How we can make sure that we deal with the issues of funding, how we make sure we deal with issues of early deployment and logistical support so that in future where the UN needs to act in support of an initiative already taken by a regional organisation like the AU we do not have to go through a long process as we did for example in the discussion about the hybrid force in Darfur because we were essentially walking through unchartered waters. So I think this has been brought about to a large extent also by the experience out of that.
One of the issues that are raised in the Security General’s report which we think is very important which relates to funding, is where the Secretary General proposes the setting up within the next three months, of an AU-UN panel consisting of distinguished persons to consider in-depth the modalities of how to support, including financing peacekeeping operations undertaken by regional organisations, in particular as relation to funding equipment and logistics and make concrete recommendations.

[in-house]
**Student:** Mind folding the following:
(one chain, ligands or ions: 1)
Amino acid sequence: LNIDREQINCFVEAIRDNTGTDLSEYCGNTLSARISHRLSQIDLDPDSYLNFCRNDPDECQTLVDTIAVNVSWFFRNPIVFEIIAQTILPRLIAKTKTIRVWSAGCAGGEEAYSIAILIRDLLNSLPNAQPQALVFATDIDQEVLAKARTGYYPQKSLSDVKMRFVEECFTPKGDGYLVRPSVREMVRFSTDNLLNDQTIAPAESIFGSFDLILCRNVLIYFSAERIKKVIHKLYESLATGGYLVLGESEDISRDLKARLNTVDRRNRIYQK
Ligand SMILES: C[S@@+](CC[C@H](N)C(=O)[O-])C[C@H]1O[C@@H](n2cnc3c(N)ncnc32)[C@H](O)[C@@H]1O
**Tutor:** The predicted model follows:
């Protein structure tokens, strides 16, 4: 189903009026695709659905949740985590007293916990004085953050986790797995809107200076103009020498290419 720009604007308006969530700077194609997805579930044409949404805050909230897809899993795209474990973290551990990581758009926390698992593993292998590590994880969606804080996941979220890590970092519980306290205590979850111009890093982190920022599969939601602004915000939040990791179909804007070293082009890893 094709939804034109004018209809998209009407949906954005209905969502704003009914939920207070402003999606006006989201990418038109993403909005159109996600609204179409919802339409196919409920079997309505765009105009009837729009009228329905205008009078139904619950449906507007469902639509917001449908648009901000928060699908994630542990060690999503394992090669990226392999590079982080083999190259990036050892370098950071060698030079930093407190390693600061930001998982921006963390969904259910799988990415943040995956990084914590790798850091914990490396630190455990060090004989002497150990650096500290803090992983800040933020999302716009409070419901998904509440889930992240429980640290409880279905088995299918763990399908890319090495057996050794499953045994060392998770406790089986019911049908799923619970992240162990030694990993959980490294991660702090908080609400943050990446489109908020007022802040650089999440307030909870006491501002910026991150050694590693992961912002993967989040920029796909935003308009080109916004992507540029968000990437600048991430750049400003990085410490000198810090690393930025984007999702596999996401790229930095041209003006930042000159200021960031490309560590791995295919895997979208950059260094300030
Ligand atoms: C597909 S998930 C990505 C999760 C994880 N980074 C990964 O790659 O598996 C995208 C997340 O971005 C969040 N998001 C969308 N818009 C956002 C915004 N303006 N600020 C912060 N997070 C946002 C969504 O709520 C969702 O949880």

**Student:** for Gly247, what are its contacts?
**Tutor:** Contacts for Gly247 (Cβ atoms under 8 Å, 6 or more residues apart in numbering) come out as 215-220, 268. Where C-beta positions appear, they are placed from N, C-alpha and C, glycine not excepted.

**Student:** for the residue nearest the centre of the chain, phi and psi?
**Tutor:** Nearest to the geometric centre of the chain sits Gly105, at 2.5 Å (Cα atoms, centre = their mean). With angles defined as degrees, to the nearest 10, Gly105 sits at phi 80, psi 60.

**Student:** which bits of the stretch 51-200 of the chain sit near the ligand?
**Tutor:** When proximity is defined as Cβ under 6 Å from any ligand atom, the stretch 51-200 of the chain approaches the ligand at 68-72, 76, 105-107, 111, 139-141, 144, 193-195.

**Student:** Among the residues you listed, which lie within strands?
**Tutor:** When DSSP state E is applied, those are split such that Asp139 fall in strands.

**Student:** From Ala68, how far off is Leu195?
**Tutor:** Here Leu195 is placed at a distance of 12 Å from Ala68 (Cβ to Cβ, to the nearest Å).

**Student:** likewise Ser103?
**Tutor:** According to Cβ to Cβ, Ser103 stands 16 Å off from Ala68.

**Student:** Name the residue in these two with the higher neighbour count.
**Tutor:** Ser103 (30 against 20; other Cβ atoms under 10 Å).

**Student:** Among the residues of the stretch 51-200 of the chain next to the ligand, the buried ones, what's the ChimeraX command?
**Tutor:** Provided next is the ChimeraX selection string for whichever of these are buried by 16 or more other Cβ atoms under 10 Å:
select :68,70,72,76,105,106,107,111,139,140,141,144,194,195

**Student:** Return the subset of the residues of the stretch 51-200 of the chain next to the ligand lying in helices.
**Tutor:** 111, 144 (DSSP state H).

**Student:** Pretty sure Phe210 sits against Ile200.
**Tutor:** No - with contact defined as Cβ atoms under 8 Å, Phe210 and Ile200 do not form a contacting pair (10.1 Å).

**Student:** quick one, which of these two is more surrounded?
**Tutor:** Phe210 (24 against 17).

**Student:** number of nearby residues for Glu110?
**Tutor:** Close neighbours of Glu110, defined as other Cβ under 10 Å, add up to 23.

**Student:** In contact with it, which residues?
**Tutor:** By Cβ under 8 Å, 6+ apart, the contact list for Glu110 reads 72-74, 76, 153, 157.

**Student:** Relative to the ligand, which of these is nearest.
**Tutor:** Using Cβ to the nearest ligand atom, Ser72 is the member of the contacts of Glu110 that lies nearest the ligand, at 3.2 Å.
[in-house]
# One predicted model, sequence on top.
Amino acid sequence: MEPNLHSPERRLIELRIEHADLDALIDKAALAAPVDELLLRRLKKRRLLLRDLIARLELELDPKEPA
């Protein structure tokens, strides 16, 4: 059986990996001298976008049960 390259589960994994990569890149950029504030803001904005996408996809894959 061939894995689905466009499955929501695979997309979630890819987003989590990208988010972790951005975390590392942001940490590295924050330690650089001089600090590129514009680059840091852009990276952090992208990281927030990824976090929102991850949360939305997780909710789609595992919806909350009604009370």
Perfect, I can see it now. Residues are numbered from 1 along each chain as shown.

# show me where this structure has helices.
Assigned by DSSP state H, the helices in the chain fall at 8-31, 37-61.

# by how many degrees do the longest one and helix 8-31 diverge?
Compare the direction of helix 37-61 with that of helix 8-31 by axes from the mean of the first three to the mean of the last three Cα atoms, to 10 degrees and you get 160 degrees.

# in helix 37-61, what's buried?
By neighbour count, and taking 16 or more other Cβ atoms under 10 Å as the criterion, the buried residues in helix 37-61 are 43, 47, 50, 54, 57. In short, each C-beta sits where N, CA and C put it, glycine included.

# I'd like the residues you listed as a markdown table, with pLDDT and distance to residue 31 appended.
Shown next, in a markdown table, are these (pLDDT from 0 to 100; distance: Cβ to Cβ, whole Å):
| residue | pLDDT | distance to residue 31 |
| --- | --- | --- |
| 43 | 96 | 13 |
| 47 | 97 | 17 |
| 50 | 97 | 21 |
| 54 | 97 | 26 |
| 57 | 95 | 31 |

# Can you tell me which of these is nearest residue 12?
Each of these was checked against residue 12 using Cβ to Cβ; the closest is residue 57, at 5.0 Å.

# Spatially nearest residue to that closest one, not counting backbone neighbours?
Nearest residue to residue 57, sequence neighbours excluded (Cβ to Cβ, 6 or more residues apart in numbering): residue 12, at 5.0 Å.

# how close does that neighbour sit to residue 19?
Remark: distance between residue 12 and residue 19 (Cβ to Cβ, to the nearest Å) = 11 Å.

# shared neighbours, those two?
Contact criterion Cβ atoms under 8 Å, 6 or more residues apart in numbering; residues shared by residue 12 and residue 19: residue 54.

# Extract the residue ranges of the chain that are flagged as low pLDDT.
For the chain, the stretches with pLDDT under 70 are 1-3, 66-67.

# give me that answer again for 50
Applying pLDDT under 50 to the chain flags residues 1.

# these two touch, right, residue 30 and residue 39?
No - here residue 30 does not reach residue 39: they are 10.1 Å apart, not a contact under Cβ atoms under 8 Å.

So we really believe that if we can secure an outcome on these deliberations, the adoption of these particular recommendations and the set up of this panel of eminent persons which will then look in the detail of some of these issues, then I think this will be a major achievement.
Just to say also that there are two other important issues to highlight that will be important during the course our presidency in April.
Firstly the mandate of two peacekeeping missions – the UN Mission in Sudan (UNMIS) which helps the implementation of the Comprehensive Peace Agreement between the North and the South – its mandate comes to an end at the end of April and so during our presidency there will be a debate about possible renewal or extension of that mandate. Also the issue with respect to Western Sahara of (inaudible) and in both cases South Africa will be advancing the view that we believe that the mandate should be extended.
The other issue that I think is very important that we will be following very closely during the course of our presidency, would be the briefings from the special representatives of the Secretary General on the UN Missions to Georgia and to Kosovo – we’ve discussed both issues in previous briefings.